Short Essay by Michelle Benoit
Each Jelly Belly bean goes through a nine-step process that can take up to two weeks to complete. This, as our Jelly Belly Factory tour guide knowingly pointed out, produced a far superior product than the traditional three-day process used to make an “old-fashioned” jelly bean. This newer and longer process, introduced in 1976, allowed for the center of each jelly bean to be infused with flavor for the first time. Yum, infusion.
To begin, the filling for each Jelly Belly flavor was mixed in a kettle. The hot filling was dispensed into a tray of 1,260 jelly bean-shaped impressions, after which the tray was moved to a cooling room to allow the filling to harden. The cooled jelly beans were sent through a steam bath, covered with sugar, and then set aside to rest for 24-48 hours. After resting, they were placed in a rotating pan where four layers of syrup and more sugar were carefully poured over the jelly beans to form a solid shell. Next, coated with a confectioner’s glaze and polished to perfection, they were set aside for another 24-48 hours. For the finishing touch, each was stamped with the company’s logo before being packaged to be sold.
The factory tour did not spark an appreciation for a product perfected by a repetitive process—but just the opposite. I was drawn to the products of failure—the disfigured jelly beans, fused together, that were still just as delicious. The so-called “Belly Flops,” as these deviations from the ideal were deemed, were mechanically sorted out from the other jelly beans for not meeting the prescribed dimensions. They were sold in large bags that included an untold variety of flavors and mishaps waiting to be devoured. With my youthful reasoning—this was a fifth grade outing, after all—I paid no attention to the appearance of the jelly beans, but thought only of quantity. Given my extremely limited allowance I received to buy something from the gift shop, the marked down price of the Belly Flops made them even more attractive. From that moment on, my admiration for them was set.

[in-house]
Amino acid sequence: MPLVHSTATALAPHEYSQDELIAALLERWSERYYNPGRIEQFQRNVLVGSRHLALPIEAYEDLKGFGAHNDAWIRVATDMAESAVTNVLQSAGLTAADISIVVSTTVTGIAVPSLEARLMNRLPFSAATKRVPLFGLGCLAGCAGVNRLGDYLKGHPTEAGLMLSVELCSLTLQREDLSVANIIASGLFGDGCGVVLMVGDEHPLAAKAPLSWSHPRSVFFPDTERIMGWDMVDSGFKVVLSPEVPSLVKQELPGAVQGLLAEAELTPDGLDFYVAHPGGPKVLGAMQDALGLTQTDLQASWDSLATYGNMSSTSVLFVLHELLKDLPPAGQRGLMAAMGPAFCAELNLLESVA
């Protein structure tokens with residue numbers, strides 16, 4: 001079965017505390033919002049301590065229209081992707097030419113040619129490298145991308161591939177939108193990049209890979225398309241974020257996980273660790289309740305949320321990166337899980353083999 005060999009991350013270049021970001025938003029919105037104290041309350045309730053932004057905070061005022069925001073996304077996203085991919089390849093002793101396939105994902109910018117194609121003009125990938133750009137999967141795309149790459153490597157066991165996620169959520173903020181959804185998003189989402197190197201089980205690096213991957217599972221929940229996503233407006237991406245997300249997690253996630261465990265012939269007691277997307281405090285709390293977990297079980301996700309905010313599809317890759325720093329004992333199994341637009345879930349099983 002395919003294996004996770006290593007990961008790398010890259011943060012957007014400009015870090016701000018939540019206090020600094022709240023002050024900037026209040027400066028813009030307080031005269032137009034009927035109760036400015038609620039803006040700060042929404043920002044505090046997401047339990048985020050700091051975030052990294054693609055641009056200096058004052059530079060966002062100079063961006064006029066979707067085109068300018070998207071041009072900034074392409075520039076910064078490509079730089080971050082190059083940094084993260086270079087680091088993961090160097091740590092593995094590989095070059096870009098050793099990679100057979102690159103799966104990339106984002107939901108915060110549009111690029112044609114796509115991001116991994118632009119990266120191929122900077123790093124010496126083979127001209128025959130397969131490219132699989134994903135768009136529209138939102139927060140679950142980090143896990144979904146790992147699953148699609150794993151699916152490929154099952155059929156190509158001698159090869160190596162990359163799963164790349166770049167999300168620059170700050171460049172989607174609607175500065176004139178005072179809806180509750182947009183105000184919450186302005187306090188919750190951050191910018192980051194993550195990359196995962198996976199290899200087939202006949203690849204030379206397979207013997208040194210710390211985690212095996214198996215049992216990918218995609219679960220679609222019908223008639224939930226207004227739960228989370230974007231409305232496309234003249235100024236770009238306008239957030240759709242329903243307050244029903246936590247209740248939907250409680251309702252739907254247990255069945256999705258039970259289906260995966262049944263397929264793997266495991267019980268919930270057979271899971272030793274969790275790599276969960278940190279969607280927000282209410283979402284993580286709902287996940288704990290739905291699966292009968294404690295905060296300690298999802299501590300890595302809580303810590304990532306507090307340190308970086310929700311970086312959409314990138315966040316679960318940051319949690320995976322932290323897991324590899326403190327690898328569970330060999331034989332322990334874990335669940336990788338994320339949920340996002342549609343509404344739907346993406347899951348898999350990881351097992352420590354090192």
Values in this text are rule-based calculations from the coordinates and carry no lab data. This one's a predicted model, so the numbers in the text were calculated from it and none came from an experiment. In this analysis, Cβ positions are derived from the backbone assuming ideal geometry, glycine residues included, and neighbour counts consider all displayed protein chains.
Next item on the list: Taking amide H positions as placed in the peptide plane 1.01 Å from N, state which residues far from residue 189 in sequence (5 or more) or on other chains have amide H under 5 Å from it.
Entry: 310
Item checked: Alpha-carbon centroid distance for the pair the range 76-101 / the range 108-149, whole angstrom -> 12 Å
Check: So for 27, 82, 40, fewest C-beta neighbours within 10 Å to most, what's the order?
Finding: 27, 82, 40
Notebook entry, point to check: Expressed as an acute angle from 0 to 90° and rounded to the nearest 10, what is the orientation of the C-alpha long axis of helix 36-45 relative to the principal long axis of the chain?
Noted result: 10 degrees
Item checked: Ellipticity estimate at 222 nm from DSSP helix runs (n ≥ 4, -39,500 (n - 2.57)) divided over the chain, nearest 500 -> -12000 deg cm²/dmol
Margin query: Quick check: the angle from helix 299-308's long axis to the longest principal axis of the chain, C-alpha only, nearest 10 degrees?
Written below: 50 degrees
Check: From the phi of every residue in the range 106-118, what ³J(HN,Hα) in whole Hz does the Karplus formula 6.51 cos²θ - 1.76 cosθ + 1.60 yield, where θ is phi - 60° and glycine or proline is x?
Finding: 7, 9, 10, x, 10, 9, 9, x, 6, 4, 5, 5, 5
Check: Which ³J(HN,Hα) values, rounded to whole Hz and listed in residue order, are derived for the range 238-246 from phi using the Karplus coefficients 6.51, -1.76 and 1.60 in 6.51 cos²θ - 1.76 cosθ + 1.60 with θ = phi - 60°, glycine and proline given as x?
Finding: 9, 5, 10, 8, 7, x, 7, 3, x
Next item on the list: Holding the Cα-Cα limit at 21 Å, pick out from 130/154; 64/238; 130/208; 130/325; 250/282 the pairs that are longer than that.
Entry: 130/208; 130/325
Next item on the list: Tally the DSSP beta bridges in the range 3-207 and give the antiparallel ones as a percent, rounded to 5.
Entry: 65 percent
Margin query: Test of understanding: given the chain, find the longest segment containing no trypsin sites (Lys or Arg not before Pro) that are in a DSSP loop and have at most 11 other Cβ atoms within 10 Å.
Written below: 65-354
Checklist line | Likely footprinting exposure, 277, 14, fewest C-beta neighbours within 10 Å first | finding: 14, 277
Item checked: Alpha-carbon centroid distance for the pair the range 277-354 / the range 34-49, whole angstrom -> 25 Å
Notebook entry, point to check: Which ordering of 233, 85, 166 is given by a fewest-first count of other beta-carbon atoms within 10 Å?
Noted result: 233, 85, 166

Even though I have not eaten a Belly Flop since that day, there was something about them that stuck with me over the years. It was satisfying to find something that was celebrated for its differences instead of being discarded, and that was perhaps better because of them. The Belly Flops were one of the Jelly Belly factory’s best selling products, and were proudly sold alongside the “perfected” versions of jelly beans. The factory tour taught me that there is no such thing as a perfect process. There will always be deviations from the ideal. The difference was not to see the variations as failures, but as something to be embraced—just like I learned to embrace the Belly Flops.
Michelle Benoit is a designer, researcher, and contributing editor for MAS Context. She is interested in exploring the intersections between architectural history and current architectural practice, and enjoys discovering the personal aspect of architecture through documenting buildings and the people who inhabit them.